6 August 2010

La Nina is Brewing – It May Be A Strong One

Posted by Dan Satterfield

Colder than normal water is already appearing in the Equatorial Pacific (NOAA)

One of the reasons for the forecasts of a an active hurricane season is the predictions that La Nina would develop this summer. Remember that La Nina is an ocean circulation phase that brings unusually cold water to the surface of the Tropical Pacific.

These are the temperature probabilities for a normal/above/below normal autumn (September through Novermber). Click for full resolution image.

Well, it has started and most of the ocean atmosphere models are predicting a moderate to strong event.

This has more impact than just the number of hurricanes. NOAA revised their 2010 hurricane prediction down somewhat today but they are still predicting a 70% chance of 4-6 major hurricanes (Earlier typo said 406- that would be exceptionally bad šŸ˜‰ ). La Nina is a big factor in that.

The colder tropical waters cause a shift in the jet stream. This makes it possible to make a decent prediction of the fall and winter ahead. Here in the Southeastern USA we tend to have a dry fall with normal to above normalĀ  temps. The winter tends to be drier thanĀ  normal and sometimes a bit on the mild side.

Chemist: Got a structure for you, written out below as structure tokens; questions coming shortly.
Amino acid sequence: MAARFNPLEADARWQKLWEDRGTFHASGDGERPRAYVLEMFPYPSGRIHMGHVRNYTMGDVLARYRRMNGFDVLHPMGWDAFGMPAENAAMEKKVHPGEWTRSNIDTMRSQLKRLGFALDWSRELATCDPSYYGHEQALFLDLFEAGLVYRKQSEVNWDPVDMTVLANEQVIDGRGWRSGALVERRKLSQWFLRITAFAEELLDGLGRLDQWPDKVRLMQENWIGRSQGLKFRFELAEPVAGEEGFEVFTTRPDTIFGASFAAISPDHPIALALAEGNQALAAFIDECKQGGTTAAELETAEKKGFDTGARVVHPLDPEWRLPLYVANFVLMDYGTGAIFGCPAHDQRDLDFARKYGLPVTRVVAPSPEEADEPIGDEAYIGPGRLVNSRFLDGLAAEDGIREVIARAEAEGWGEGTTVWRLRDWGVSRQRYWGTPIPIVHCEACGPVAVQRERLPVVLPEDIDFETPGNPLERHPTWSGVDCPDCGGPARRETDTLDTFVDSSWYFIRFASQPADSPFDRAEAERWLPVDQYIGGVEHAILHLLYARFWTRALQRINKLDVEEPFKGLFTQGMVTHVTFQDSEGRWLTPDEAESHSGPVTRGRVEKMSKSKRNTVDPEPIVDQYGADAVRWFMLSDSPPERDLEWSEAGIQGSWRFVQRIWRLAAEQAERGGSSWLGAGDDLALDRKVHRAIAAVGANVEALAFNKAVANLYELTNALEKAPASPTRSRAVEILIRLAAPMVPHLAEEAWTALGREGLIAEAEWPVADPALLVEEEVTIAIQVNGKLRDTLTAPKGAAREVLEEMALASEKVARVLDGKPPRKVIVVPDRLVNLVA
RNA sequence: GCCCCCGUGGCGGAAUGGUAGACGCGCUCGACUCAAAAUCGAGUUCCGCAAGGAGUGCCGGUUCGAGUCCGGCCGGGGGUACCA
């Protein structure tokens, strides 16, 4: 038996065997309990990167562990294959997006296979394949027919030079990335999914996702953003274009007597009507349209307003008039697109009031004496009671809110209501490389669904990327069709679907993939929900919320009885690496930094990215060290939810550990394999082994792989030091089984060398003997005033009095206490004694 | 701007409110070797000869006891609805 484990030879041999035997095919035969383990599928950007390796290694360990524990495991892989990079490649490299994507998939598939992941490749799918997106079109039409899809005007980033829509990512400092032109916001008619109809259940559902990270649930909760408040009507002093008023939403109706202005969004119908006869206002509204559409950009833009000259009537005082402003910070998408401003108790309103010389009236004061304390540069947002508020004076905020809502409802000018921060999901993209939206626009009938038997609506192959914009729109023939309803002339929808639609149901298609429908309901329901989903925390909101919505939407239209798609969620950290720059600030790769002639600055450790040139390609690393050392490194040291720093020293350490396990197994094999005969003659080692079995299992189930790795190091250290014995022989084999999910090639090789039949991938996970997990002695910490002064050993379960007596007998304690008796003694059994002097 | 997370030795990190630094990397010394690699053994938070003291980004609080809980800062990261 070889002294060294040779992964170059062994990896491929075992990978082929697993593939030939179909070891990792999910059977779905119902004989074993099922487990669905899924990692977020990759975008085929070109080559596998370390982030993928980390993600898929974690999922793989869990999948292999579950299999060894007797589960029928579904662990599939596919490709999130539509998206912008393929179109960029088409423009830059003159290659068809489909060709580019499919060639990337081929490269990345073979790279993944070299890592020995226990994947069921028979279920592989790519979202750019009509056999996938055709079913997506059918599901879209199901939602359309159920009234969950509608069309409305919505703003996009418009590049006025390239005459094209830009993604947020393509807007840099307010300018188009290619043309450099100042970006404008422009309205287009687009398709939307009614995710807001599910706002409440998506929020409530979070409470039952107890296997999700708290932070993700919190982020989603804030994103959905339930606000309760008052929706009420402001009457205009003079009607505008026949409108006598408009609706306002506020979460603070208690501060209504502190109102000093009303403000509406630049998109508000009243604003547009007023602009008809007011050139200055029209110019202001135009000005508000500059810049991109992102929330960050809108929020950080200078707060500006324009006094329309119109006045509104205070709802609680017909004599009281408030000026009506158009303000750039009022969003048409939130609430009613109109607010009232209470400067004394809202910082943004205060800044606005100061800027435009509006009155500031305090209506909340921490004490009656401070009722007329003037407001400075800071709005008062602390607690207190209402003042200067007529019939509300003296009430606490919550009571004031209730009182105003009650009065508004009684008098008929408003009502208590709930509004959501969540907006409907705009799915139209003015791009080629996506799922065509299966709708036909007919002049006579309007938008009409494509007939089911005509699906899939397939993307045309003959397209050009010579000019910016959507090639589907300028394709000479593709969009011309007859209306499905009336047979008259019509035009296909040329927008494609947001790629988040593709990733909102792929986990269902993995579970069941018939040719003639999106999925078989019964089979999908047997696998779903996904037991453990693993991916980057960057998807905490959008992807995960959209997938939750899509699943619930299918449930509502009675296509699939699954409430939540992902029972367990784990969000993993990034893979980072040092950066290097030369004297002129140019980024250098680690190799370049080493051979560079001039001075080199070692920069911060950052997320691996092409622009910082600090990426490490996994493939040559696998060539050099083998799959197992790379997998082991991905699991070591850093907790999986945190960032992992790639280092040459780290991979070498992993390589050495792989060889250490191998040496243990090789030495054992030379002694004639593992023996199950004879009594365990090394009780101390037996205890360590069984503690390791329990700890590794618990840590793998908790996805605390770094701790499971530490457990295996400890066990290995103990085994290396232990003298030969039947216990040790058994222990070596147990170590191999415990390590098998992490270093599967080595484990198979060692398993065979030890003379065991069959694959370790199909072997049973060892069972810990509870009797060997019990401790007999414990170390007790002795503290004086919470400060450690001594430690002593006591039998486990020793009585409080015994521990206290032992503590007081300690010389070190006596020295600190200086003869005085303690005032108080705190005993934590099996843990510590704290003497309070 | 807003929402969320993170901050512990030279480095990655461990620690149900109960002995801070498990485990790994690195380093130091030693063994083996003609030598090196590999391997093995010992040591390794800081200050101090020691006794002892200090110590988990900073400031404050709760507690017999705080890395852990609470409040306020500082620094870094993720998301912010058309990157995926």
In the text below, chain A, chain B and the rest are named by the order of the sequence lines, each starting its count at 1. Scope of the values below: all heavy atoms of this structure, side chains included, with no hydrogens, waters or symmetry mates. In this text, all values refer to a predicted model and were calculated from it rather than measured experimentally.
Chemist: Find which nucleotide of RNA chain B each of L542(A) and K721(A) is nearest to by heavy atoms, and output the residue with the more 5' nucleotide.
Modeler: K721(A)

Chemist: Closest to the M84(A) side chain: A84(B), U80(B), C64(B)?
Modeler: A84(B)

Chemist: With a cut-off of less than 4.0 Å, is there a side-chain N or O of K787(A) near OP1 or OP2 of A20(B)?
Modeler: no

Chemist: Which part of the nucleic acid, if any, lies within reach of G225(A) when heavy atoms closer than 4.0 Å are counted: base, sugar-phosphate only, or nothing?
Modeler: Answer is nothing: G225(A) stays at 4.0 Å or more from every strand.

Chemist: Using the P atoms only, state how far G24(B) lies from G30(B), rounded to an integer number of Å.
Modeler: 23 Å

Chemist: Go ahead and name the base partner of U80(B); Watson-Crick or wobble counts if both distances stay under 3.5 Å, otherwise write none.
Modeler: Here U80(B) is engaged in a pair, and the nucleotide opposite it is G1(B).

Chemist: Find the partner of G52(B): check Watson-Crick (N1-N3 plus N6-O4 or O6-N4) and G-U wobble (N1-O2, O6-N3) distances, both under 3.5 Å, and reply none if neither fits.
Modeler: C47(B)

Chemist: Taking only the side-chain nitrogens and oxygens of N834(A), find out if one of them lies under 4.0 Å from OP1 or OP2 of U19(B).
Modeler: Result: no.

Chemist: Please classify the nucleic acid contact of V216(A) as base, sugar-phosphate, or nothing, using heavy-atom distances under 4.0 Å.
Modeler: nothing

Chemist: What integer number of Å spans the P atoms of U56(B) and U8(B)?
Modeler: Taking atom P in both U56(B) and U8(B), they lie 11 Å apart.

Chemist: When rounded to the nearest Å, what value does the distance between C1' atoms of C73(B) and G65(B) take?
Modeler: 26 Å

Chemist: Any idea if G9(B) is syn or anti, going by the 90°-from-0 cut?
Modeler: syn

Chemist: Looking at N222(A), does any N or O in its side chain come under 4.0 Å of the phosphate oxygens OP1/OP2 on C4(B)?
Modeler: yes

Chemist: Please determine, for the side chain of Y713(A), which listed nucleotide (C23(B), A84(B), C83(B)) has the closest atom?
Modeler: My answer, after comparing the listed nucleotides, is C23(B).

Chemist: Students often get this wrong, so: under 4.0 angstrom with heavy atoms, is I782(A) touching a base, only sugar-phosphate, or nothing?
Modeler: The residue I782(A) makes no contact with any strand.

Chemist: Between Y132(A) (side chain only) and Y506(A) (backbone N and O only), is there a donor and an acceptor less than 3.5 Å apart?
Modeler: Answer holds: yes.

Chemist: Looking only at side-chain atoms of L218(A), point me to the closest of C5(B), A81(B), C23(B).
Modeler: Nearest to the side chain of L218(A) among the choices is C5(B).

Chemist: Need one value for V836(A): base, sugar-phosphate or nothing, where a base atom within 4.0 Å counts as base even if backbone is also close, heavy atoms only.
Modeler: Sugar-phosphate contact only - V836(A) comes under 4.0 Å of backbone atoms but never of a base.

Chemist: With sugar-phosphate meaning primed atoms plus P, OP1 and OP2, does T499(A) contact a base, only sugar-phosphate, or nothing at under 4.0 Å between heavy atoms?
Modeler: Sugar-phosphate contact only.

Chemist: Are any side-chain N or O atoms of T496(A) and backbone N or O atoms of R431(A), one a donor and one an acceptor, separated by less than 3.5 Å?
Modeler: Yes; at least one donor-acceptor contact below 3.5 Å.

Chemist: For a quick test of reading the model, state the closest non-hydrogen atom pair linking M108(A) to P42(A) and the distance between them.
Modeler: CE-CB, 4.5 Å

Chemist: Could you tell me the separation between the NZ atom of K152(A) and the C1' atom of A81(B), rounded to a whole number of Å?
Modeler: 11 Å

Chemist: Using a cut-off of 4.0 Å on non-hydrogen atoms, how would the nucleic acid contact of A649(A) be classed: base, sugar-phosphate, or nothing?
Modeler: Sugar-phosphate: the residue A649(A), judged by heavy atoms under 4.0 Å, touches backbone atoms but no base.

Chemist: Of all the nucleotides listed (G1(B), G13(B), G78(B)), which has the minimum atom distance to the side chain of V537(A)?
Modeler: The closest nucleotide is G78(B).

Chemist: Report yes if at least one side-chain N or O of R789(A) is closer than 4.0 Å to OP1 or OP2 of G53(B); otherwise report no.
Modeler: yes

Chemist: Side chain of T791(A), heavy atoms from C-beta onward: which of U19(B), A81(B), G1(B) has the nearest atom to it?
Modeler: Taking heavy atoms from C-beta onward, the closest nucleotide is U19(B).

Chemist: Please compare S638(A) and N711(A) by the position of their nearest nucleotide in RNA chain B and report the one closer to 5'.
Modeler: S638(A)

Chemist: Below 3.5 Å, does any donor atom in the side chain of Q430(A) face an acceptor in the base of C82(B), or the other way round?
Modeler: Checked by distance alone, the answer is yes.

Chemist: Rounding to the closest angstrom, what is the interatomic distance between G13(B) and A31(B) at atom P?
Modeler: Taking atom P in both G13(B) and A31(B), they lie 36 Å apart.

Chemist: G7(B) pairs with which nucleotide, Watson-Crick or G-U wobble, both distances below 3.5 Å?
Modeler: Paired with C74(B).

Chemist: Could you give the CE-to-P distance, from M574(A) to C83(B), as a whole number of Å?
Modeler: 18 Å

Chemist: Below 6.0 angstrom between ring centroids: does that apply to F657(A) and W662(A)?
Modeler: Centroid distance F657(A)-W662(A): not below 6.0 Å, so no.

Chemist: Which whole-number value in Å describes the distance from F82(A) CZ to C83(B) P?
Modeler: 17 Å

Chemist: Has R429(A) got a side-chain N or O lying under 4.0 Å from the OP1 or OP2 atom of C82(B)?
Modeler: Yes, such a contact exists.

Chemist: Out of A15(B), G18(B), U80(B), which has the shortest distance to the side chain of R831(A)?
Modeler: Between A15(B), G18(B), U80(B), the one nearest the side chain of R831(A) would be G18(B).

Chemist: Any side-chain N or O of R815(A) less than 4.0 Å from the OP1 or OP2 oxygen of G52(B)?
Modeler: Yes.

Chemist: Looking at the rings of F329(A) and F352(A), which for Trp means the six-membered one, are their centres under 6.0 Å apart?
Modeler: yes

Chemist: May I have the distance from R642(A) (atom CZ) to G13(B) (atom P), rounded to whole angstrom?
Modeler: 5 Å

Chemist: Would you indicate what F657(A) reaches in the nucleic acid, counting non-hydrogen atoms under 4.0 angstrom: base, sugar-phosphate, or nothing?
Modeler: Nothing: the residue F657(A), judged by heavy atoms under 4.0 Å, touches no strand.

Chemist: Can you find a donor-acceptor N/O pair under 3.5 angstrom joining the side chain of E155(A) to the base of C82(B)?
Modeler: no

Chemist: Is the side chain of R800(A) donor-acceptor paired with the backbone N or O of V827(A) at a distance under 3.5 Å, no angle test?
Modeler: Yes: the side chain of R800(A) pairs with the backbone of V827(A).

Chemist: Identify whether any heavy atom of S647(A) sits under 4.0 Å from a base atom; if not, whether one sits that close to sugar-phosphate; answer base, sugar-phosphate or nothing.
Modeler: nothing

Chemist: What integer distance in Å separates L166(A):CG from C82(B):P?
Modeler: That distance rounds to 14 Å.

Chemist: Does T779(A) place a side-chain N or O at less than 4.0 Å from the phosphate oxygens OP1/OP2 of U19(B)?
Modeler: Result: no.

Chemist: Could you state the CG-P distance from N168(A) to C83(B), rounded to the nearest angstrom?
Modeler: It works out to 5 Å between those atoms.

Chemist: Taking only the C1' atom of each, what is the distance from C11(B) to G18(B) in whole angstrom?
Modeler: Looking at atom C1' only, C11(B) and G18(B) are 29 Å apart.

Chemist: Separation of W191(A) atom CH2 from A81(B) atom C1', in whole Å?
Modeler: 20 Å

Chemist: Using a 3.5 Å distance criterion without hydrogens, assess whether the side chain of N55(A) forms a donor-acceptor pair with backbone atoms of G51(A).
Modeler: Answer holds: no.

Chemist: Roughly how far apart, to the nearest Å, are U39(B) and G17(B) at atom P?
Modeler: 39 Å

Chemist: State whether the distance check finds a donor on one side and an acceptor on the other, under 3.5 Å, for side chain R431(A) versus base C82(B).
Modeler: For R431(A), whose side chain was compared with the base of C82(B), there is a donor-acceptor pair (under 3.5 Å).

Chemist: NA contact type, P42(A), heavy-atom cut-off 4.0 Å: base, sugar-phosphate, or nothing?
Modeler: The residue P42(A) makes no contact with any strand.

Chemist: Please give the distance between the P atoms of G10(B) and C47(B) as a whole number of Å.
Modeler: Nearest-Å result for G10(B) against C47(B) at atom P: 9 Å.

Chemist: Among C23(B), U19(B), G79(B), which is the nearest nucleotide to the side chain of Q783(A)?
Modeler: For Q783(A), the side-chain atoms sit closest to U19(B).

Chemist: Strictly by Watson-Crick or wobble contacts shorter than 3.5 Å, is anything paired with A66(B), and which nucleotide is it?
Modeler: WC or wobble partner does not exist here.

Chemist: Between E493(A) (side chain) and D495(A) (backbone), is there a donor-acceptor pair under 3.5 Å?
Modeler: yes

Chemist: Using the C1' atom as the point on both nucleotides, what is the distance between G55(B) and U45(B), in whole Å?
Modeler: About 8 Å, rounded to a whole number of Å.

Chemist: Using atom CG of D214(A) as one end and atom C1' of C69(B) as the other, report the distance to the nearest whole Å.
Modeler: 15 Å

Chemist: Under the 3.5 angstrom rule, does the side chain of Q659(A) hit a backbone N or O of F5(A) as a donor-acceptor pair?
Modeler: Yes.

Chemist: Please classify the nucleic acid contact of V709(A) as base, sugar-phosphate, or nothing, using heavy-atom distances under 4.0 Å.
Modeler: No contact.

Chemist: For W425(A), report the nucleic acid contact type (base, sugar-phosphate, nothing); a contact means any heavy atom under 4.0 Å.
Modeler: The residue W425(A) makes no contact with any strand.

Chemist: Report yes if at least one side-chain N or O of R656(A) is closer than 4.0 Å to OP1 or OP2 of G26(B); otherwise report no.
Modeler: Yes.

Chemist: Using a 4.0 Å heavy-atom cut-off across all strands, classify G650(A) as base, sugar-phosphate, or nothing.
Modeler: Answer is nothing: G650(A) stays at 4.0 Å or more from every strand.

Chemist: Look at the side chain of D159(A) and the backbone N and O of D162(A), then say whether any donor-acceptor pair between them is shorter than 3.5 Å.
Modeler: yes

What about where you live?
The chart at the right shows the probabilities for temperatures during a La Nina event. The image is for the period from September through November.

Take a look at the Northeast USA and Eastern Canada. The chart shows that during a La Nina year the odds are VERY low that the autumn will be below normal. The odds are higher that it will be near normal and the odds are higher still that it will be a warm autumn.

This does not mean that it will not be colder than normal. It just means that in the past this happened rarely.

You can see more of these graphics for your part of the world at the IRI website here. Precipitation maps are also available.